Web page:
With the same cattle-wagon “Alter Transport 1/60” Rahels two sisters Grete, born 1864, and Lina (Eveline) born 1869, arrived in “Modellstadt” Theresienstadt. Lina died 4 days later with the same diagnosis (73 years old) as did Grete who held on until Jan. 12th 1943, 4 months later, 78 years old.  All together 33.430 people would die here, including 3 more  Bodlaender family members. Literature describes many of the Jewish people living in rural Eastern provincial communities left for Berlin in the second half of the 19th century. To find and build better lives. 

The sisters were known last living in Berlin Siegmunds Hof nr. 6 not far from the entrance of Berlin Zoo at Tiergarten park where “Lehrerin” Lina rented an apartment in a district housing many Jewish people and had its own synagogue. A few 100 meters from where the train conveniently left. 


Today Rachel Bodlaender, but for the postcards and a lonely auction record, is a completely forgotten and obscured artist and I suppose the 3 sisters, once living, loving and working human beings have long since vanished from memories and faded away into the mist of history. 



Rahel, Greye and Lina also have not yet been honoured with a “Stolperstein” Germanies sympathetic commemorating pavement brass plaques remembering the names and places were Jews once lived and from where they were torn away, expelled and deported. I intend to inform the Berlin Stolperstein project manager one of these days.  

As has happened so many times before I felt compelled to try and give this artist at least a small place within the world of her sister artists in my Artist Index or Lexikon. By trying to find and re-unite her with her family and place in history.  


In the Netherlands I found a Dutch Bodlaender family deriving from Dr. Moritz Leo Bodlaender (1899-1968). He was born in Breslau and gave the name Wolf (Berlin 1925-2013) to one of his two sons. Dr. Bodlaender settled in the Netherland in 1935 and naturalised in 1950. Maybe the solution of my quest lies more near home then I could have ever foreseen when I started it.

Rahel is not mentioned in any of the Artist Lexicons but I found her in Dresslers Adress book 1921 and 1930. Living at Straßburgerstrasse 9. In 1931 she is mentioned  “Blumenmalerin” living at the same address and a member of the RvbK (“Reichsverband bildende Künstler”)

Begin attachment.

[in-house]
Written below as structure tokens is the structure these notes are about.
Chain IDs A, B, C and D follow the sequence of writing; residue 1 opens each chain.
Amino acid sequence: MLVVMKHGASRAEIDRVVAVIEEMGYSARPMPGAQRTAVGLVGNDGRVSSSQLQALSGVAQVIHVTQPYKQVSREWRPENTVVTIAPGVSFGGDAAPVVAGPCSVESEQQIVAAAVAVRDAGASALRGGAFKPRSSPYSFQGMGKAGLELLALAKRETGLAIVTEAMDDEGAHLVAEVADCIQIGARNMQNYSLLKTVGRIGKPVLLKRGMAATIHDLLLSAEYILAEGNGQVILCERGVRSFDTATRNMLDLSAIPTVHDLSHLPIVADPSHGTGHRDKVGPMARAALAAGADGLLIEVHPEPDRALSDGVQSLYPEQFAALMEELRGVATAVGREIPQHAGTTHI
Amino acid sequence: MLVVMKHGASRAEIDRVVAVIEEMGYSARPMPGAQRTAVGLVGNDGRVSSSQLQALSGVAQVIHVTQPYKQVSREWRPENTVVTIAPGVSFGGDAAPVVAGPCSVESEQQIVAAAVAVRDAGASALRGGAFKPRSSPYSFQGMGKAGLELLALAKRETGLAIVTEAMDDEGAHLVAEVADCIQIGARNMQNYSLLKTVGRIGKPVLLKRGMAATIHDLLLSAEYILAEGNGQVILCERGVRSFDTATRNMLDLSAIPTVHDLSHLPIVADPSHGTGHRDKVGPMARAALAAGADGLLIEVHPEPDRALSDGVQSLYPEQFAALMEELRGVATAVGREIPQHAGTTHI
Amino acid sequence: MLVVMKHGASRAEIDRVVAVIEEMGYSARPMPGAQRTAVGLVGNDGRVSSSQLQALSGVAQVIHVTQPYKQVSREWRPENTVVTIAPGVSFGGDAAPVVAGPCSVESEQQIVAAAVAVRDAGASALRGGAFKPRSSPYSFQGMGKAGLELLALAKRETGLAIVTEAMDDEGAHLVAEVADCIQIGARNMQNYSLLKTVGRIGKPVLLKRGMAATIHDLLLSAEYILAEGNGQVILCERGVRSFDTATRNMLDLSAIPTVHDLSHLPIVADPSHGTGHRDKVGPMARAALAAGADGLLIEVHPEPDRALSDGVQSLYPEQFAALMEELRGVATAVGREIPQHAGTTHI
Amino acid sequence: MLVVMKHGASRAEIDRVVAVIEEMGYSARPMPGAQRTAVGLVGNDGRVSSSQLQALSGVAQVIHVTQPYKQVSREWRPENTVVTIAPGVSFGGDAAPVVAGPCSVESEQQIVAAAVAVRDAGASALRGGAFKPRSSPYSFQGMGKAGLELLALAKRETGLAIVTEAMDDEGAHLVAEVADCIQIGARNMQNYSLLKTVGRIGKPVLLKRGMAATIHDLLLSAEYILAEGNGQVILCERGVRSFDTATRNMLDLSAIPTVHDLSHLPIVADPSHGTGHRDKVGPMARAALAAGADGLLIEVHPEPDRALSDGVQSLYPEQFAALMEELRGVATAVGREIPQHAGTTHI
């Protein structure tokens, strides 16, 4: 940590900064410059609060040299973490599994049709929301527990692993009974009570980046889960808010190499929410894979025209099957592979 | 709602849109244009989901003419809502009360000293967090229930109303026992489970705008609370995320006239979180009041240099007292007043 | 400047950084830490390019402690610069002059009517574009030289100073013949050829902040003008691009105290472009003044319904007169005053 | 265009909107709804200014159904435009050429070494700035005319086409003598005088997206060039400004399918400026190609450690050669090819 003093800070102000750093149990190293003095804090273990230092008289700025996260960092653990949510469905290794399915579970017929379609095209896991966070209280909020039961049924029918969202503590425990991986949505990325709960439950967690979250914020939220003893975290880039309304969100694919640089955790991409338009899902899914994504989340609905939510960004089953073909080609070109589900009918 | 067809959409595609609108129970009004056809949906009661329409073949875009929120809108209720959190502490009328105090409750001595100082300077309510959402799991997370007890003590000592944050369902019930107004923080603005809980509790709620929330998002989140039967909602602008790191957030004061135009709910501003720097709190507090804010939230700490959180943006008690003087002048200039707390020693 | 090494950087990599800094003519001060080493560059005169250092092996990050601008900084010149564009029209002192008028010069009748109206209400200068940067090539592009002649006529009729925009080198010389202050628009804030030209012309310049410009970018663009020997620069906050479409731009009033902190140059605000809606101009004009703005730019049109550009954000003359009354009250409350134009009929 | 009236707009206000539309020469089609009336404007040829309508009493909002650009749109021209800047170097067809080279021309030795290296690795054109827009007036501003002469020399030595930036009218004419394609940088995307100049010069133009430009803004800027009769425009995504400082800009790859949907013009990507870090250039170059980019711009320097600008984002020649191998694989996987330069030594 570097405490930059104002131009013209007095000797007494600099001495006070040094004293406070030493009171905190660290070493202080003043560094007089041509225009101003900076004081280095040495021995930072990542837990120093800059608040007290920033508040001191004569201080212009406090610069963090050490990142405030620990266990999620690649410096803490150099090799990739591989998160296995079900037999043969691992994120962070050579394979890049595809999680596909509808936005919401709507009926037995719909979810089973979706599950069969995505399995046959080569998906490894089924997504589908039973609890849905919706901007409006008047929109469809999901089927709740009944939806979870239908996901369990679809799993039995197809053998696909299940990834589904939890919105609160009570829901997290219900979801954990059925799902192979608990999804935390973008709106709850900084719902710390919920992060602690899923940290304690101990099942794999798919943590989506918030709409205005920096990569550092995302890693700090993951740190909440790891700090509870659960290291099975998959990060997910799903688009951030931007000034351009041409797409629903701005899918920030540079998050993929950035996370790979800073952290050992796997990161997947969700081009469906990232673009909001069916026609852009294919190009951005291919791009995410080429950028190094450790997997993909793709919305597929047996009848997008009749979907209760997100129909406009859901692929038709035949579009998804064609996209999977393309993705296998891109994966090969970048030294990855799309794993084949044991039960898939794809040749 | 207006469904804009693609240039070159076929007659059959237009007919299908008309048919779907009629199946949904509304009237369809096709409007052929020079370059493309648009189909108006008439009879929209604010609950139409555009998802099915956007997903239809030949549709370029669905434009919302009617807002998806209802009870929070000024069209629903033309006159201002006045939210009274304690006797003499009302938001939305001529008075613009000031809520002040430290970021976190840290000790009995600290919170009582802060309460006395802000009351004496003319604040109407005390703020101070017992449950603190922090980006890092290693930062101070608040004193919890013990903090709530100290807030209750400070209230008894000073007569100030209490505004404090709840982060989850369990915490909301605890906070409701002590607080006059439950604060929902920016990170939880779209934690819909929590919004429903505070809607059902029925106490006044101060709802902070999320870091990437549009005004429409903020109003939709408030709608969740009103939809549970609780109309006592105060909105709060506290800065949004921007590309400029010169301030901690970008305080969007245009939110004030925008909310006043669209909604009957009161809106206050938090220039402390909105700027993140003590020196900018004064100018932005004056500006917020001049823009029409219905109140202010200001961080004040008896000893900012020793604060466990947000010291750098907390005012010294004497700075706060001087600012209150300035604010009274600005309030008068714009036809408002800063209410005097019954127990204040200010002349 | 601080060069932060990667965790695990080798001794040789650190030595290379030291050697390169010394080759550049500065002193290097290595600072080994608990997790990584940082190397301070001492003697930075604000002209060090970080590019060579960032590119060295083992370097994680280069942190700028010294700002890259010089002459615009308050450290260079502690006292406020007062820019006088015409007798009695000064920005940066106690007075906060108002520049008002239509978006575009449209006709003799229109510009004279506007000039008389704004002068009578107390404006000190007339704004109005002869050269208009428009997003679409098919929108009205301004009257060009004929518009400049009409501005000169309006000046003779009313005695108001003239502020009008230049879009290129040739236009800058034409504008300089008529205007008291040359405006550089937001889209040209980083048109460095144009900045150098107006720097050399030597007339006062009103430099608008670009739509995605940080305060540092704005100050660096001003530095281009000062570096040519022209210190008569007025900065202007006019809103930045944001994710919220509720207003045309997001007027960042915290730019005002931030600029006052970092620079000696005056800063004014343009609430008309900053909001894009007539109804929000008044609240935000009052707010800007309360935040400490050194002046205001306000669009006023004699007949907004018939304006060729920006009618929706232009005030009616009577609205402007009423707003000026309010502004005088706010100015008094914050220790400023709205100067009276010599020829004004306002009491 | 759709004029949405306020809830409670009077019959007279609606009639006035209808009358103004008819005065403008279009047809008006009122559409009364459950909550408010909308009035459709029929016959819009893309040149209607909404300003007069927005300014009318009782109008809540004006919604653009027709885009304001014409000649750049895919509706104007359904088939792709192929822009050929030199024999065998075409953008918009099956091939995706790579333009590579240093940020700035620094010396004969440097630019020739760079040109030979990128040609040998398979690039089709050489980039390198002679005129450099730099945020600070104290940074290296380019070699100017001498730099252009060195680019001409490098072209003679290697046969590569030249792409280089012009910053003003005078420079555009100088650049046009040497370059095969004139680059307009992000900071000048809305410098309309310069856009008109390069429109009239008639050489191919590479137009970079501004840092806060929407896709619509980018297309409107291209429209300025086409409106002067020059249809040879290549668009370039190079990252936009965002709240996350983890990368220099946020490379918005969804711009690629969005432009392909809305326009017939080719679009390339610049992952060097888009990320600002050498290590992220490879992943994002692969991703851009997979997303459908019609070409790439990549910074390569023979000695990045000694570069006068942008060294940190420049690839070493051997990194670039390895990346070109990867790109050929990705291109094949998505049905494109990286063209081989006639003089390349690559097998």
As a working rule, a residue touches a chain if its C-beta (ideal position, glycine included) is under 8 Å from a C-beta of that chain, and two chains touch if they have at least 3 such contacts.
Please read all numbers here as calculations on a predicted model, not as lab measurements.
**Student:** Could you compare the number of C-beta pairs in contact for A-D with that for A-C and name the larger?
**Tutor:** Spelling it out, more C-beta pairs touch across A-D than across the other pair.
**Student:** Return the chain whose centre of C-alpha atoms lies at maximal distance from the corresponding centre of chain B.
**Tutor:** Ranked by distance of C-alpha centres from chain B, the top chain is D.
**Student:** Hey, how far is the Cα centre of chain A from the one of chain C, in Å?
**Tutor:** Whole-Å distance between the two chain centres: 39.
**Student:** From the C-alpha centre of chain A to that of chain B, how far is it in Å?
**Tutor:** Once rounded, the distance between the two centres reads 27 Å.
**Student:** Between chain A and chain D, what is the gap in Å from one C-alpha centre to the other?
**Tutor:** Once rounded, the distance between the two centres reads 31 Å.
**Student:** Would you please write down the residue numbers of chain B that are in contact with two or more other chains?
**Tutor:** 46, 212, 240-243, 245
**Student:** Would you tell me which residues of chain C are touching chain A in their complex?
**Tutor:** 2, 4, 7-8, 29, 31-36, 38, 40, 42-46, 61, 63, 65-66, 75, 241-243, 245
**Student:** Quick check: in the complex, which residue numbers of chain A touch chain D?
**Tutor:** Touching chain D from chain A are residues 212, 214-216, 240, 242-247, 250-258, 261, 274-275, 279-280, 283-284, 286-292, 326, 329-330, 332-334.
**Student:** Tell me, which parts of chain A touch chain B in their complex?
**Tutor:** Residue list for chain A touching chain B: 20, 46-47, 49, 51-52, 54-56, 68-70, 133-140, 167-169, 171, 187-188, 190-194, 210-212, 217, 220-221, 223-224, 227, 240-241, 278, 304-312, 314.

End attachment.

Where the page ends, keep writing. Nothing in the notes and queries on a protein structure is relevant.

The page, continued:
----------------

Please help me to find Rahel, Grete, Eveline, and their parents Wolf & Berta Bodlaender's connections and roots that must be within the Jewish community in the "Kreis Rosenberg" (Olesno) area  around 1800. 

Email: gerbrandcaspers@icloud.com


All pictures embiggen by mouse-click


All pictures borrowed freely from the internet for friendly, educational and non commercial use only. 


Sunday, 12 May 2019

Emile René Menard: intimiste

With this vintage postcard I thought to have found a nice copy of a perhaps lost painting. Since the day I found it I presumed it to be "Pomona" the goddess of fruitful abundance and protectress of gardens, harvest and fruits. I was probably blinded by the divine buttocks and jumping to conclusions I completely missed the point: there aren't any fruits ! 



Pomona was also the name of a "Reform" shop, selling bio-organic fruits and vegetables, healthy oils, brown cane sugar, nuts, "Protifar" (protein supplement) and the original Swiss Bircher Müesli of my youth in the Dutch city of Amersfoort in the 1950-60's. It was run by a friendly elderly (in my memory) Jewish (I think they were ) couple with the family name of Tobias. They were somehow related to my stepfather. It's too late to ask. 
Follow the label to an earlier article with Bircher Müesli and printmaker Margarete Donath. 

The goddess Pomona is usually associated and depicted with fruits, usually an apple or apples and she has been the subject of paintings and sculptures since ancient times. This example by an unknown artist telling the myth of Pomona being seduced (all mythical women were seducable and seduced by the gods) by Vetrumnis. 

Sculptor Aristide Maillol (if you happen to be in Paris visiting his charming museum is an absolute must) was also was intrigued by the goddess Pomona: he created several versions: in the nude and draped, with arms lowered and with arms stretched. Copies are kept and displayed in collections and museums all over the world: in Paris, Philadelphia, Amsterdam, Moscow etc.. and this version, with arms outstretched, is in Prague. I'll inform you about Maillol's  gorgeous model in a minute.